A new kingdom.

The believer “changes residence,”

No longer living in the old

Neighborhood of life in Adam,

But moving across the tracks

Into the good side of town,

Now living in Christ’s neighborhood;

Living under the rule

And reign of Jesus Christ.

When the believer comes to faith in Christ, God conducts a spiritual kind of “cutting away” of the old way of life, providing new life in Christ.

This is what Paul is teaching in verse 11.  When you come to faith in Christ, God circumcises, or cuts away, the “old you” – a life dominated by sin and fleshly desires – and connects you to Christ to enjoy fellowship with Him as the “new you,” a new creation with a new nature, a nature empowered to live in a way that pleases God.

That’s the first picture, or metaphor, of the spiritual work God does in the believer; the metaphor of circumcision.

The second metaphor is the picture of baptism in verse 12, “Buried with Him in baptism, in which you also were raised with Him through faith in the working of God, who raised Him from the dead.”  Paul now uses baptism as a metaphor for fellowship with Christ.   The believer identifies with Christ through the ordinance of baptism.  Baptism, which is taught by Jesus in Matthew 28 as well as by Paul in Romans 6, is . . .

The means by which a Christian demonstrates

That he or she now identifies with Christ as Lord.

Paul uses baptism as a metaphor because the Christians at Colossae had been baptized.  So, they were in a position to rightly understand what Paul is doing.  The New Testament era was unlike our modern era where people say they are followers of Christ, but have never been baptized.  In the Bible, however, baptism occurred very quickly once a person came to know Christ.  Baptism was the principal confession of one’s faith in Christ and the way one showed he or she had a new identity.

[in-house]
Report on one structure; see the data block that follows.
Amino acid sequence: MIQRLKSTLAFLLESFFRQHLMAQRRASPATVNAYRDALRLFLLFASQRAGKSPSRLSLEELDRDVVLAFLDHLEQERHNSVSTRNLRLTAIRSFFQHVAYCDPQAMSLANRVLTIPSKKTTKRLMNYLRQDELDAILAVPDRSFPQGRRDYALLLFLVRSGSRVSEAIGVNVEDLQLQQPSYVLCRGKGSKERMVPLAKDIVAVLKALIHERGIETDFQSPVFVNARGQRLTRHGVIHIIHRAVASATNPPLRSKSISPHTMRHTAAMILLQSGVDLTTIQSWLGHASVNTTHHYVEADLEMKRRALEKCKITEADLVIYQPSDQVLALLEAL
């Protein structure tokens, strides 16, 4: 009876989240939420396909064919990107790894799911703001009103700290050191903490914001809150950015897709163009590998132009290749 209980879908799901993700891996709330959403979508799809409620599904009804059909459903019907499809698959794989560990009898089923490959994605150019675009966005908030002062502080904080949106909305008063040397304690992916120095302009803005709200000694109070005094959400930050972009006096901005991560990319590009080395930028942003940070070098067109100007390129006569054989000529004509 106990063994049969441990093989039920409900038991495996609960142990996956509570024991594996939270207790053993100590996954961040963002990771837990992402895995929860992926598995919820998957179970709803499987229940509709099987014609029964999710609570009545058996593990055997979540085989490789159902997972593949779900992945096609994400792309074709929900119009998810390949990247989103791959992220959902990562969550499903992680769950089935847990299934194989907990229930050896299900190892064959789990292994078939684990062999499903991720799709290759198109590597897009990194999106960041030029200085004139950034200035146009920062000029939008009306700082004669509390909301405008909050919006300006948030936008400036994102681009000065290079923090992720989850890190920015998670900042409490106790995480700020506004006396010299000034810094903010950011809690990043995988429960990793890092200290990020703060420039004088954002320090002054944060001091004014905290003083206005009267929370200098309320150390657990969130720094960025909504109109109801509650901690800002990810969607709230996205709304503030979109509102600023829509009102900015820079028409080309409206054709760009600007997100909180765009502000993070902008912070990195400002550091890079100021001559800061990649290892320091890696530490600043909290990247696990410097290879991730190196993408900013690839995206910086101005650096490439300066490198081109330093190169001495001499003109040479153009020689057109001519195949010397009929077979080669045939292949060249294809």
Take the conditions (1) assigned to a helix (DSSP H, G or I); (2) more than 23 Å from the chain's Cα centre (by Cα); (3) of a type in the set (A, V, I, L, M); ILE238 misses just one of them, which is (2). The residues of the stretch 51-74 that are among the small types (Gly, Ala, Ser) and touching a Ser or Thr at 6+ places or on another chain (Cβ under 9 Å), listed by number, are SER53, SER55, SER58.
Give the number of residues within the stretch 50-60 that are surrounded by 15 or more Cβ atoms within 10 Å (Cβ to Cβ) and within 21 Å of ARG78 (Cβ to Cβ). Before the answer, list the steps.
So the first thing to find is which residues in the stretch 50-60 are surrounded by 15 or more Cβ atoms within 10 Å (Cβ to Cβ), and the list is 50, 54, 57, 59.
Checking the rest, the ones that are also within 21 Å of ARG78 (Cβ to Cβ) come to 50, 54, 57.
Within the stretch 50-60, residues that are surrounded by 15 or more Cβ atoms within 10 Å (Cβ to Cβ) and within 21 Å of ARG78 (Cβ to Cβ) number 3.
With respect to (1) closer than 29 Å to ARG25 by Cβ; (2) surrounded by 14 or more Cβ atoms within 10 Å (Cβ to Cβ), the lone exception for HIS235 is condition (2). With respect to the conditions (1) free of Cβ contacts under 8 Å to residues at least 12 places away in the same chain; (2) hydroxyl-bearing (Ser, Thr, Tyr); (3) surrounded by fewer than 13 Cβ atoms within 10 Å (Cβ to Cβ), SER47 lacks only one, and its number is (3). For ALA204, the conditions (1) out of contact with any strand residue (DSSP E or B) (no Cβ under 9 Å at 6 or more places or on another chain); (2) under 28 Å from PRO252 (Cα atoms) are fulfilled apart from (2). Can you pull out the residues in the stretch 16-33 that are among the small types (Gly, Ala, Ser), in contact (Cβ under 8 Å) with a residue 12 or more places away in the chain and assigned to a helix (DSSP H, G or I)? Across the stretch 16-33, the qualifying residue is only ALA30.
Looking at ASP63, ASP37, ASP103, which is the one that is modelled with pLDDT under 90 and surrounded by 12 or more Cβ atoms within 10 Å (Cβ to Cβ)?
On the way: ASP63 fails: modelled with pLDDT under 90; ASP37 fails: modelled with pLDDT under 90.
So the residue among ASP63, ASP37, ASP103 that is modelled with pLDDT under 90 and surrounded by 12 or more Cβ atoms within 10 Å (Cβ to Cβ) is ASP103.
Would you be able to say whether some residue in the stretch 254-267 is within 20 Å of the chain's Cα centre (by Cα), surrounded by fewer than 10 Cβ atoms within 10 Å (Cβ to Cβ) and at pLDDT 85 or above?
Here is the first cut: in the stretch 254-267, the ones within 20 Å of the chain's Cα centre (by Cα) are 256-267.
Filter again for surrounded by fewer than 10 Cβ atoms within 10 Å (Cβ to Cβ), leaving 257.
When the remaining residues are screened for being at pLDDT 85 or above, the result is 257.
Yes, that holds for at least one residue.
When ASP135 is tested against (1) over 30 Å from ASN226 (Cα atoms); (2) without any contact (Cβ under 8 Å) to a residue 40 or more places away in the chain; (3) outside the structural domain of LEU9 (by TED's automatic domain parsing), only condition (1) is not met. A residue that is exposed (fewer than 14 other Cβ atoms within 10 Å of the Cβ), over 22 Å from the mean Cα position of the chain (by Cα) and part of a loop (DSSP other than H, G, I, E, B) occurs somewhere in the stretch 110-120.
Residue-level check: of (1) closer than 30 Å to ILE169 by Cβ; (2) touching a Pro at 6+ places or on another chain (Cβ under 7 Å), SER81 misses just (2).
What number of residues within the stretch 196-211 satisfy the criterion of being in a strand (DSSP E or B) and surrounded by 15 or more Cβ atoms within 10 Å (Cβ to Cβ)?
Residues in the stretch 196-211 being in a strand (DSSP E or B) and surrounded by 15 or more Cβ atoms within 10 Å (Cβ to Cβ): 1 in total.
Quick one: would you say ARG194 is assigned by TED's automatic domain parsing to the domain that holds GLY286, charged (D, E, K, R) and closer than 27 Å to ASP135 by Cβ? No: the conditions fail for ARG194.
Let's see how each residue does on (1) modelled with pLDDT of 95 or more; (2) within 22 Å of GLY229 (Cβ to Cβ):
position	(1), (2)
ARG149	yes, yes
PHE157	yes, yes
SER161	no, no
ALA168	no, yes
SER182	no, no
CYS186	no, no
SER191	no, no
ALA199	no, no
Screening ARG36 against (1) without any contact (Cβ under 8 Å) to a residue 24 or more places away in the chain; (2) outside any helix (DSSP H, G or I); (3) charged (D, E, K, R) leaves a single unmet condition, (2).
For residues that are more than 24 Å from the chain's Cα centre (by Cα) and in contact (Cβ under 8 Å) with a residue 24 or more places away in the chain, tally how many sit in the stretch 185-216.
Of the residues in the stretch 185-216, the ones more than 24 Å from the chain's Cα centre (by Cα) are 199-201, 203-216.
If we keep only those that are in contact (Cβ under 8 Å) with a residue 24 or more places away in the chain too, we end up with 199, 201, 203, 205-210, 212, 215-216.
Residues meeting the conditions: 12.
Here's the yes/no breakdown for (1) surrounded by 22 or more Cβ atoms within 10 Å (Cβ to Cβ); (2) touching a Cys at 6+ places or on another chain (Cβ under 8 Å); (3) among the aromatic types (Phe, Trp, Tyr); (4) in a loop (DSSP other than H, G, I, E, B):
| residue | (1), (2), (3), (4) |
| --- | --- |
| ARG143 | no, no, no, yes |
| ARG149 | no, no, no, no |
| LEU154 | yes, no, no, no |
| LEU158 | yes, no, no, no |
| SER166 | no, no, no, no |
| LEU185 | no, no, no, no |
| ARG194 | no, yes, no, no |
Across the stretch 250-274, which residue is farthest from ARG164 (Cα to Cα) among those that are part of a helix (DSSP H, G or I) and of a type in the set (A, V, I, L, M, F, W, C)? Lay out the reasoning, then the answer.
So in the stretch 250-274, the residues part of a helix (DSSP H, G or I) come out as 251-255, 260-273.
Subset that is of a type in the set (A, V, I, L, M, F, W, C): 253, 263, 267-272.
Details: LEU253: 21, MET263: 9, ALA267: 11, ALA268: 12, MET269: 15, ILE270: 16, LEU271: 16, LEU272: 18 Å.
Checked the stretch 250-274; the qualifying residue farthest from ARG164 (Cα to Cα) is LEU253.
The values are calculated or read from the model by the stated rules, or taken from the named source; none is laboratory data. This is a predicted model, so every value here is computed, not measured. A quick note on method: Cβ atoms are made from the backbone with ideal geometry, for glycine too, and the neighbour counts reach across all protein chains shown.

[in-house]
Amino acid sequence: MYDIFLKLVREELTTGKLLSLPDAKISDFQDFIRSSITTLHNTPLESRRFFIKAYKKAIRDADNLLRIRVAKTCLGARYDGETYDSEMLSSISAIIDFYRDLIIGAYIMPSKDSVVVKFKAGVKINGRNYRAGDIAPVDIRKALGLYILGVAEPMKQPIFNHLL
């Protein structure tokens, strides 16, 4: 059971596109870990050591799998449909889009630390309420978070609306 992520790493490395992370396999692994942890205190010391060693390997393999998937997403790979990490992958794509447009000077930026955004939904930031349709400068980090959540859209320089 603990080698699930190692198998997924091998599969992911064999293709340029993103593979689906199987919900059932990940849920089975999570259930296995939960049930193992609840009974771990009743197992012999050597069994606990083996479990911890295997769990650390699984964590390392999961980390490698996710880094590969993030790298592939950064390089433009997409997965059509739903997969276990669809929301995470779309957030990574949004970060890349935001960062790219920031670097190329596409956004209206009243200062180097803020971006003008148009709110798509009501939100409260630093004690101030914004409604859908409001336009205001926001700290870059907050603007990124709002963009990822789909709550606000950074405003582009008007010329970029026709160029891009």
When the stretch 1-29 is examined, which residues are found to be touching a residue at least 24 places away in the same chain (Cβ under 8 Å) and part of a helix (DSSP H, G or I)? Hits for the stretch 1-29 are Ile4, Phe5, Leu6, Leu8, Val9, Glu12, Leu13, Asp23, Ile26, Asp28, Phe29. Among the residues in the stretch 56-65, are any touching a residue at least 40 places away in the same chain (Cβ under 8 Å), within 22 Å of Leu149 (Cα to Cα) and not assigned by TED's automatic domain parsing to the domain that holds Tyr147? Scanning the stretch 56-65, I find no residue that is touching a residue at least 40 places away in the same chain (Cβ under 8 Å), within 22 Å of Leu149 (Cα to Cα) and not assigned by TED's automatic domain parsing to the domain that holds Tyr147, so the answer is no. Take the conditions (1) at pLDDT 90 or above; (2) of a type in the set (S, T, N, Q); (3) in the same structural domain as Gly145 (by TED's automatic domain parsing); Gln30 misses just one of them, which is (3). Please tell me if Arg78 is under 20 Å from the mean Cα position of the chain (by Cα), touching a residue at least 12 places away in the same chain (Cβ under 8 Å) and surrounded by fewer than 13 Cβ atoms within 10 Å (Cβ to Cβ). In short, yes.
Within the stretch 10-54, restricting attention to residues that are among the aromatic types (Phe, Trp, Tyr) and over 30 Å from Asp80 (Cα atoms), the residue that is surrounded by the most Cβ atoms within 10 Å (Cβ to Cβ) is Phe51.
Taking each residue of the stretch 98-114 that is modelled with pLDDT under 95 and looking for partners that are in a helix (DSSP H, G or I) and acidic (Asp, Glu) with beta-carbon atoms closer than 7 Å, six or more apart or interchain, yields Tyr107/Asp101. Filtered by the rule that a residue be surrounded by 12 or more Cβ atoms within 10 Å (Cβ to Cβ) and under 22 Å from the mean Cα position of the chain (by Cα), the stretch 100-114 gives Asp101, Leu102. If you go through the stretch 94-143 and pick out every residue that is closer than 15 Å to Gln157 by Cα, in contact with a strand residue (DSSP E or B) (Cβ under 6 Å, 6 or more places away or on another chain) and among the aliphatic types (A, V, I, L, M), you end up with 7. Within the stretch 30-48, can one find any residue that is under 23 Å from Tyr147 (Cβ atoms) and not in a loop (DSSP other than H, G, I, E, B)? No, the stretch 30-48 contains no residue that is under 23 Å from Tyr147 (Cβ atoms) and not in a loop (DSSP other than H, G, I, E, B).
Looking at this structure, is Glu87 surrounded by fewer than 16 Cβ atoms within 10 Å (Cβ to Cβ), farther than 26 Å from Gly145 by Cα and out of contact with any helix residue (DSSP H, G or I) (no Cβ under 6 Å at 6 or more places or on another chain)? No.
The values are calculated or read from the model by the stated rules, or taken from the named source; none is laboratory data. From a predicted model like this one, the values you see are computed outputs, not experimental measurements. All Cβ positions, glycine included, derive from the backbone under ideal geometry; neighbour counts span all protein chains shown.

Baptism pictures the Christian’s union with Christ.

The Christian is connected to Christ

Through His death, burial, and resurrection.

To be clear, salvation does not come through baptism.  Salvation comes only through faith in Christ, believing in Jesus Christ.  One is saved by believing Christ lived for us and died for us and rose for us.  That’s why Paul says verse 12, “You were raised with Him through faith in the working of God.”  That’s how one is saved, “through faith in the working of God,” the God “who raised Christ from the dead.”  Baptism does not save, but baptism is what the Christian does once he or see has been saved.

Baptism is an outward expression

Of an inward transformation.

If you are a believer your baptism pictures death to the old you and life in the new you.  That’s why ministers speak the way they do when they baptize new believers.  As the believer goes down into the water, the minister often says, “Buried with Christ in baptism (Dying to the old way of life)” and as the believer comes up out of the water, the minister says, “Raised to walk in a new way of life.”  Baptism reflects the wonderful union of the Christian with Christ.  The Christian shares in Christ’s death, burial, and resurrection.

Paul goes on in the next couple verses to provide the second blessing Christian’s enjoy because of their union with Christ.  Not only do we have Eternal Fellowship With Christ, but:

2) We Have Eternal Forgiveness Through Christ.

What a joy to know that all of our sins are forgiven in Christ.  We will talk more about that in tomorrow’s post!

This is God’s Word …

This is Grace for your Journey …

Rest and Rejoice in this eternal truth!

Pastor Terry

Ephesians 4:7 – “But to each one of us grace has been given as Christ apportioned it.”

 

Hebrews 4:16 – “Let us then approach the throne of grace with confidence, so that we may receive mercy and find grace to help us in our time of need.”